Loyalty is a central theme as it relates to both Sir Patrick and his crew.  When Sir Patrick is ordered by the king to go to sea, he is aware that it is a dangerous time of year for sailing, yet he promptly obeys.  His men also acquiesce without protest, because they are loyal to Sir Patrick.

The theme of suffering and loss common to the human condition is also explored in the poem.  The impact of the tale comes from the tragic loss of an exceptional man in Sir Patrick Spens, and the finality of the destruction of the ship and everyone aboard.  There is a sense of universality in Sir Patrick's lament when he says, "O wha is this has done this deed, this ill deed done to me".

The theme of courage is developed through the noble character of Sir Patrick.  He is a better man than the lords, who do not want to get "their fancy cork-heeled shoes" wet even aboard ship, and has more substance than the ladies, who are pictured as idly rich, insensitive, and demanding.  The steadfast bravery with which Sir Patrick submits to the king's command and performs his duty even to the face of death might be representative of the courage human individuals must demonstrate in facing whatever trials come their way.

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What is the point of view in the ballad "Sir Patrick Spens"?

The point of view of the ballad "Sir Patrick Spens" is third person omniscient. The narrator is not a character in the narrative, and they are able to tell about all of the events in the poem and quote multiple characters.

During some stanzas of the poem, the narrator uses direct quotes to recount what the King says when he's trying to find someone to sail his ship, and what Sir Patrick says when he is commissioned to do the job. We can tell both through the direct quotes and through the third person omniscient narration what multiple characters think and feel.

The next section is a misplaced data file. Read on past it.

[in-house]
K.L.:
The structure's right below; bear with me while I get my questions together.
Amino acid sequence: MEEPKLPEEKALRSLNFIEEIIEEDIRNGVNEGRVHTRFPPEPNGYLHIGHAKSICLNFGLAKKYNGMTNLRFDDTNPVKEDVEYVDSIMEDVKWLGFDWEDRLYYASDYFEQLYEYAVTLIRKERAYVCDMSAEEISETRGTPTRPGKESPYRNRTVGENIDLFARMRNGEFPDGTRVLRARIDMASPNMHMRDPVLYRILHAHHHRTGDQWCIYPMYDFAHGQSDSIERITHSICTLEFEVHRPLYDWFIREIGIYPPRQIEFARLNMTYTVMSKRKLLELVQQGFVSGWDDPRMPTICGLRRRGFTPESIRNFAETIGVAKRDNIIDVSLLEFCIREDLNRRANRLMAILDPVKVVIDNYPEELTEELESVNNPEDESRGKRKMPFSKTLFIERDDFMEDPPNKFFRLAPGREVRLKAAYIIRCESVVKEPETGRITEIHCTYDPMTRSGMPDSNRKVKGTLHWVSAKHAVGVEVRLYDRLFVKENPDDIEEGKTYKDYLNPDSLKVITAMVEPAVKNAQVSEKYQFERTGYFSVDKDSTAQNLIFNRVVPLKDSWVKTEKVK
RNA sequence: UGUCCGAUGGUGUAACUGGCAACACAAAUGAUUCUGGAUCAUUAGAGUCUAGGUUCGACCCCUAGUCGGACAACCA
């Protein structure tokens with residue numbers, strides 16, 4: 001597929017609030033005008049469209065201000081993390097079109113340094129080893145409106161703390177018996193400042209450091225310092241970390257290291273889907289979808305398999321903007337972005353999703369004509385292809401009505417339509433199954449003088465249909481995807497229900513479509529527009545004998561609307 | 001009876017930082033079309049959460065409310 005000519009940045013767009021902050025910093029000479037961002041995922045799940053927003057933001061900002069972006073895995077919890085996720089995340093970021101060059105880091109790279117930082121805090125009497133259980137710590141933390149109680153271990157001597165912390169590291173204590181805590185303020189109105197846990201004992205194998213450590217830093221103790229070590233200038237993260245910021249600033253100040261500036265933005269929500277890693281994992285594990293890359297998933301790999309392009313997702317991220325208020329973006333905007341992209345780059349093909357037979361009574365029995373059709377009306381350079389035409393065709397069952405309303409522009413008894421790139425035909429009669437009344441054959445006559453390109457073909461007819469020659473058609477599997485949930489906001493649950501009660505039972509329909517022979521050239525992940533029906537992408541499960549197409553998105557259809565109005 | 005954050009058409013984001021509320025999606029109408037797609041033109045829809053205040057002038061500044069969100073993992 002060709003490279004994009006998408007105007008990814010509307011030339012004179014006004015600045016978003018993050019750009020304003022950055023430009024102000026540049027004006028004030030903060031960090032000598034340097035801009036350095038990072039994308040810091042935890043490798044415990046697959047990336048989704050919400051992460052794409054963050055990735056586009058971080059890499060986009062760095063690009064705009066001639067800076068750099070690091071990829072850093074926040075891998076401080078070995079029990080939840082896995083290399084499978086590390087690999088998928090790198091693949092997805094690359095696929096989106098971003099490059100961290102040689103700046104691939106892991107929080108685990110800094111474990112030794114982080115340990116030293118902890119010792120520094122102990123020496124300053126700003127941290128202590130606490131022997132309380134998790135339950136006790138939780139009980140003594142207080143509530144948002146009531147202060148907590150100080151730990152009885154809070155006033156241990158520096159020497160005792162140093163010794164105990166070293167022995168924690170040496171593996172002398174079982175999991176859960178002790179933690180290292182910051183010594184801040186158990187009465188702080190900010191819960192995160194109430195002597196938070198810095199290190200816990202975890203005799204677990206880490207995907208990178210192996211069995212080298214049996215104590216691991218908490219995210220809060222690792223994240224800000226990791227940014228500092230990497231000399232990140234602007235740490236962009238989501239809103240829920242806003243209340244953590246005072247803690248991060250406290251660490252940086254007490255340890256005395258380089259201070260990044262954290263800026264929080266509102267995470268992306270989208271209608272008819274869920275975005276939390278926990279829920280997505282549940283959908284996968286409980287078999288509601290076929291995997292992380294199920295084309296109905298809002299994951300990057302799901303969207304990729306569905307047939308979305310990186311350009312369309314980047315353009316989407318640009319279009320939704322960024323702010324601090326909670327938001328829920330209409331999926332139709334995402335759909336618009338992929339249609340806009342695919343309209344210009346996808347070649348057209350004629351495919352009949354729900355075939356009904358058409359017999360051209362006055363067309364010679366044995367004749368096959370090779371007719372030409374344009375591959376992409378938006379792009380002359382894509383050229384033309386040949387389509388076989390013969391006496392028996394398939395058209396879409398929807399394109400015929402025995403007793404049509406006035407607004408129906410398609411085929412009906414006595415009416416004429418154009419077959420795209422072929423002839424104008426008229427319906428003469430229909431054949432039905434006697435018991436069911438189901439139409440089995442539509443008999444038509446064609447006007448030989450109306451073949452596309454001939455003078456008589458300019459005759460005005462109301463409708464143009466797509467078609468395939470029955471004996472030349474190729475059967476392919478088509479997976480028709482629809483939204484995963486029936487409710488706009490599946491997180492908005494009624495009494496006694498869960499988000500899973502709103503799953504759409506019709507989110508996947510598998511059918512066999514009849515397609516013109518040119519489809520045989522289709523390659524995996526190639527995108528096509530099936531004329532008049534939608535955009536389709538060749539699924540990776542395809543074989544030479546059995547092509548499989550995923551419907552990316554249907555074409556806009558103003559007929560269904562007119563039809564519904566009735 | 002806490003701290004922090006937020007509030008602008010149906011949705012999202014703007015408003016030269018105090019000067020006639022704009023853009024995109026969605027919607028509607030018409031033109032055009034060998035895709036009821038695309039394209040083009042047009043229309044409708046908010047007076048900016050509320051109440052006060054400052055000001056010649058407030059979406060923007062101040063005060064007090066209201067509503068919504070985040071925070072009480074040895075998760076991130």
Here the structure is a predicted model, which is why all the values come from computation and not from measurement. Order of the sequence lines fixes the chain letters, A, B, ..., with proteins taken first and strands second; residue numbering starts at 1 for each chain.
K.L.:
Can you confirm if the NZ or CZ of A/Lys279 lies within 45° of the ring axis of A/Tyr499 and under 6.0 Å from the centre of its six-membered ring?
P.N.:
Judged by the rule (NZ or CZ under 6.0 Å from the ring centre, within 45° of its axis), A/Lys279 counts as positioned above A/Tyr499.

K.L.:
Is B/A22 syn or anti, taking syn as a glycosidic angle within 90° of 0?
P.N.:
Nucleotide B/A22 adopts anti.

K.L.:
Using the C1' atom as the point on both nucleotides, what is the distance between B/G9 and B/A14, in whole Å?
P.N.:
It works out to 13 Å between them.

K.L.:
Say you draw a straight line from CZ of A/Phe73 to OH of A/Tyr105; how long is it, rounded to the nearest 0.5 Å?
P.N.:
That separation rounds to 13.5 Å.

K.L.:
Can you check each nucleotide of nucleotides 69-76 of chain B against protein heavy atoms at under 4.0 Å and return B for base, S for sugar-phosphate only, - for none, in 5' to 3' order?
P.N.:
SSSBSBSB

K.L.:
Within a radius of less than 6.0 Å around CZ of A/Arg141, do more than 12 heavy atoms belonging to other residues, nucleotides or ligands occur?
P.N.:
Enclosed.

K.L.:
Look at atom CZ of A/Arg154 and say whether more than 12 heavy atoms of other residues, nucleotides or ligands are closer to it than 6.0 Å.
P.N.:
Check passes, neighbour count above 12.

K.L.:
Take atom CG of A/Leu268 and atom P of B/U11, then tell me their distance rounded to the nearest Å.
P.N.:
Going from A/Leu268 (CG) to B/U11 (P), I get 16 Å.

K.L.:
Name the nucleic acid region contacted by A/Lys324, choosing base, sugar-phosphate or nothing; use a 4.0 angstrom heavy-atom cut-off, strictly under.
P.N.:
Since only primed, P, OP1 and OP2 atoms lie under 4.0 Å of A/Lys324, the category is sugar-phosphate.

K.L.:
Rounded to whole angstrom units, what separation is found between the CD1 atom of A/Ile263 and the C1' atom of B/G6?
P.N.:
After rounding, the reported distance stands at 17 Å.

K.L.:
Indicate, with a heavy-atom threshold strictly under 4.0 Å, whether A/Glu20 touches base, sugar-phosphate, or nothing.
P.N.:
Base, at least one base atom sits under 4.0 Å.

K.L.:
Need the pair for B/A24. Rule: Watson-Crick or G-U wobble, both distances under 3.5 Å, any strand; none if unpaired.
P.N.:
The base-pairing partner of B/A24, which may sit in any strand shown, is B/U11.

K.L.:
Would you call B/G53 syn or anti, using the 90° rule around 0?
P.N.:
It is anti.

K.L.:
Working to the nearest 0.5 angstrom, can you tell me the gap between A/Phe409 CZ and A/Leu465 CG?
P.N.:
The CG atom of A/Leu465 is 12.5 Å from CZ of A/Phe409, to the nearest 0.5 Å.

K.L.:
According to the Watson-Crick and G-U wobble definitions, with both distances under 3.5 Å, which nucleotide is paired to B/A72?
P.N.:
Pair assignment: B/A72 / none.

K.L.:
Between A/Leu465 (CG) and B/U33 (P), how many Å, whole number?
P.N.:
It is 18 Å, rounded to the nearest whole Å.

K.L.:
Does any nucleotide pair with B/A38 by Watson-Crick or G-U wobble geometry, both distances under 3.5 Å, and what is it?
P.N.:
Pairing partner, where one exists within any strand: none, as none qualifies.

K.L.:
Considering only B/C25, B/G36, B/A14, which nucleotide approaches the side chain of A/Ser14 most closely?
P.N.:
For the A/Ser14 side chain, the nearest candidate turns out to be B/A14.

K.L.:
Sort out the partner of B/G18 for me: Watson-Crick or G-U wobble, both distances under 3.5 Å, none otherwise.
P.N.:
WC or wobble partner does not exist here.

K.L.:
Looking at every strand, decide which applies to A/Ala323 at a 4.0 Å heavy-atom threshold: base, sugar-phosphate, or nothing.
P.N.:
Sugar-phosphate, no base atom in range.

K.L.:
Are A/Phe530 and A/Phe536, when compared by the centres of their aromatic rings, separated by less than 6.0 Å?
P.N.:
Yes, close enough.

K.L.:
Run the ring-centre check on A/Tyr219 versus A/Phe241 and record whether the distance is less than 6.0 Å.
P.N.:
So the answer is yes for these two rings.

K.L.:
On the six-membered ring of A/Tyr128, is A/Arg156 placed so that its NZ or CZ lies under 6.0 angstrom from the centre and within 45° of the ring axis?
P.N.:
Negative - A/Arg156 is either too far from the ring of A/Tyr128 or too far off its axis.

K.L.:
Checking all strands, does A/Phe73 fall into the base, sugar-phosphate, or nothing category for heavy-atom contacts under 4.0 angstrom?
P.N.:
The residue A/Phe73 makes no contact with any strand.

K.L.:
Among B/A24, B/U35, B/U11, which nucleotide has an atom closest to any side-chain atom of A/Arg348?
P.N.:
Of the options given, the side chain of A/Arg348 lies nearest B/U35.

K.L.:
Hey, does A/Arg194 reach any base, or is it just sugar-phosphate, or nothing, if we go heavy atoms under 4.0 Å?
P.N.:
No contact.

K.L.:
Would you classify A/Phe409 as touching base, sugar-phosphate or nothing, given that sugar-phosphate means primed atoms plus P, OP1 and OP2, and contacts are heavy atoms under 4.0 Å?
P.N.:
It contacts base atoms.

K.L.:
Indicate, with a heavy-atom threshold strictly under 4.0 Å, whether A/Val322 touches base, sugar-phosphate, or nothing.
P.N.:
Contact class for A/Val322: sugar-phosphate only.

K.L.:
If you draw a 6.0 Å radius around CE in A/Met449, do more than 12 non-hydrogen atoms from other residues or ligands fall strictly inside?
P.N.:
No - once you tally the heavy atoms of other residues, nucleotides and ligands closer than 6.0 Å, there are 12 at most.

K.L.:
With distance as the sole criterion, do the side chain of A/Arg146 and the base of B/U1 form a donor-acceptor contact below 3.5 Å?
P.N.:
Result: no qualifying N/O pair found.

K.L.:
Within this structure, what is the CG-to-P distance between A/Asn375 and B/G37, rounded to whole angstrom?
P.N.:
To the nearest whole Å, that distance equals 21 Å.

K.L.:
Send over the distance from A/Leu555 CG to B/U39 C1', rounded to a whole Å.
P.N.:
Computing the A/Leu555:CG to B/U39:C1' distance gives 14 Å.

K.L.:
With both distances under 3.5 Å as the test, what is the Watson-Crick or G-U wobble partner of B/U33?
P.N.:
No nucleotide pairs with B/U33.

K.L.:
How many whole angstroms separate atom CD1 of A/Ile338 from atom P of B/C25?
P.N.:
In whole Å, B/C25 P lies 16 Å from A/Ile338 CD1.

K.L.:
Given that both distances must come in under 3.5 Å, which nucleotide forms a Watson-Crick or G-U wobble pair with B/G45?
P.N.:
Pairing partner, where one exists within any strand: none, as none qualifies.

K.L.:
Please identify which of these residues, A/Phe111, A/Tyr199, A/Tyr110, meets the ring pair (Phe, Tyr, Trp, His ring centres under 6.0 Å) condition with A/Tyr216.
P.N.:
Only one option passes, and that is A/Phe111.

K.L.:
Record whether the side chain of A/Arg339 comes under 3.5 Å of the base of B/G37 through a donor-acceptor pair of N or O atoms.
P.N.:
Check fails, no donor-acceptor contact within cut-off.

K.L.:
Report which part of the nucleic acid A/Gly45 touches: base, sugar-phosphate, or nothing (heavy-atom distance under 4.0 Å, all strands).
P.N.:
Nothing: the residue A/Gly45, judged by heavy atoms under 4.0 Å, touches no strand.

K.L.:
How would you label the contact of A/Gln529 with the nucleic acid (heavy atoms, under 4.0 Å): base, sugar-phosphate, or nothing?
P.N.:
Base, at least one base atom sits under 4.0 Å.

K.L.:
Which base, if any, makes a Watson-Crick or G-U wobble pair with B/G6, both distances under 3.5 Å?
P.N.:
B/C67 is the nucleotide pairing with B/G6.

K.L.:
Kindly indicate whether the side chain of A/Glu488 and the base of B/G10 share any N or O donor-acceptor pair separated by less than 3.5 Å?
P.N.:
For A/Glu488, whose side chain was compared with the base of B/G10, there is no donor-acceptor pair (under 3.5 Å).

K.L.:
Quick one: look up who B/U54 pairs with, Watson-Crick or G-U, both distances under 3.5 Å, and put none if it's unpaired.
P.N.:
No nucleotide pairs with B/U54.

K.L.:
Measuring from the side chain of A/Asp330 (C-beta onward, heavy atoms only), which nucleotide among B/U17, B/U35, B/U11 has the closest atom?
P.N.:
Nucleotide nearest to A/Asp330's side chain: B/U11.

The poem ends tragically, with Sir Patrick's ship going down in a storm and everyone on board drowning. We also hear that there are loved ones waiting for them, but they are at the bottom of the sea.

The poem is a ballad due to its meter and rhyme scheme. It is also typical that ballads be narrated in third person point of view. 

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What is the point of view in the ballad "Sir Patrick Spens"?

The ballad  tells the story of Sir Patrick Spens being commissioned by the king of Scotland to go to Norway to bring the king's daughter home. This trip resulted in the boat sinking, and Patrick Spens and all his men drowning.

The ballad is told by an omniscient narrator who recounts the king's search for the best sailor of the sea and the answer from his knight: Sir Patrick Spens.  The point of view then shifts to Spens when he opens the letter from the king requesting that he sail the seas and his laugh in response, for he knows that the seas are not safe to sail this time of year.

Then the narrator shifts to an observer's view describing the hats of the sailors floating in the sea, the same sailors who were loathe to wet their shoes.  And lastly the narration focuses on the ladies of the lords and sailors who are waiting for their loved ones who will never return.